Wednesday, October 27, 2010

Buckwheat > Green Manure

When we were up at the family farm, we discussed with the hubs dad, (the farmer) our frustrations with how badly our garden crops grew this summer.  We had a really hard time with plants taking off, mostly because the soil was crap!  The hub's dad recommended that we add some amendments to the soil, "green manure" he said.  He gave us a huge bag of buckwheat seeds to take home with us.  Growing cover crops to add some nutrients to the ground is an easy way to add plant "food" to the soil. We spread seeds all over the raised beds we built. Before the buckwheat goes to seed, we will chop down the buckwheat and till it into the ground.  That's it!  So easy!  Buckwheat grows really fast, and decomposes pretty fast too!  He also recommended that we should get some hairy vetch seeds and also comfrey.  He had hairy vetch, comfrey, and buckwheat cover crops growing all over his farm, where ever he pulled the crops, in went cover crop seeds.  This is so great, so much faster and easier than waiting for compost to be ready from our compost bin!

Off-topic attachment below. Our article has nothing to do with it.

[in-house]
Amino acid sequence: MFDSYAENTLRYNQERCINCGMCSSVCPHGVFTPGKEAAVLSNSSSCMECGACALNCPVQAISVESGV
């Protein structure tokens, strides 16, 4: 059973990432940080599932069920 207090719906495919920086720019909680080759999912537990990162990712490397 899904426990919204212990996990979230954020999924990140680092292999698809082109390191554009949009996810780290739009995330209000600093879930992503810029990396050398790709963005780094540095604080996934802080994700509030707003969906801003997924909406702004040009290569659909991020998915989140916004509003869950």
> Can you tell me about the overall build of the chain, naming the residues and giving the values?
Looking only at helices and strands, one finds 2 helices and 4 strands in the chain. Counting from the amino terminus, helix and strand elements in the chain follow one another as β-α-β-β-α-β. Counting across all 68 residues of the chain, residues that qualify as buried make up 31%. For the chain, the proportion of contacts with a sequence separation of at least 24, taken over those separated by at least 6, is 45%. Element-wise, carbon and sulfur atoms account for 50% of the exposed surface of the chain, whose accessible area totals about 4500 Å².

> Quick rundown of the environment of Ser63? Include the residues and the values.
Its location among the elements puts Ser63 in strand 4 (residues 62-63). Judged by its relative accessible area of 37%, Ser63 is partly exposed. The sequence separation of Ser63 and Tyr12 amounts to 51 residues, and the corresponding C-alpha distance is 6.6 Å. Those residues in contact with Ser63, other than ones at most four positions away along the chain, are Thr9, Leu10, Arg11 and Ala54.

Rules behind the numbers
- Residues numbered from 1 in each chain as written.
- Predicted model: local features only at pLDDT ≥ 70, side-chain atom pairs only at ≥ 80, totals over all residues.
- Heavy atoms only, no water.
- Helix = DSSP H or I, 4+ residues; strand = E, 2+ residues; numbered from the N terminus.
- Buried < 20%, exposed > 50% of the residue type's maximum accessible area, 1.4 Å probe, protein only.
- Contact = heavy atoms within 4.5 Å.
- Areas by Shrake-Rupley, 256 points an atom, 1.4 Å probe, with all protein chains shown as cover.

1. I went to the local garden centre to buy some green manures. The first bloke I asked didn't know what I was talking about. The second one went off to find out if they had any and didn't come back. The third one just pointed in the general direction of the seeds and grunted something.

    I left, complaining loudly about how pathetic a garden centre is when it doesn't stock green manure but does have about 500 acres of Christmas crap in the middle of October.

    Oh well, I'll buy some on-line!

  2. I've always wanted to try planting a winter crop of something to till in-but haven't. I can't wait to see how yours works out.

  3. I've heard about this. I'm sure it will help a lot.

  4. Thanks for your visit and comments at my semi-abandoned blog. I have always wanted to try cover crops, but am stingy about my tiny amount of space and always want to have something there in the winter. I know I should let the soil "rest" and tilling in nutrients in this way seems so right. I hope it works for you, and maybe I'll do it next year! Already have all my winter veggies planted this time around...

  5. We did a winter cover crop this year as well on boxes that don't have a winter crop. We settled on an annual clover to minimize self-seeding issues and will till it into the soil in the Spring.

  6. Im going to see if I can get my hands on some buckwheat and try to plant it this weekend! Thanks for the tip! Im following your blog now, its great!!!!


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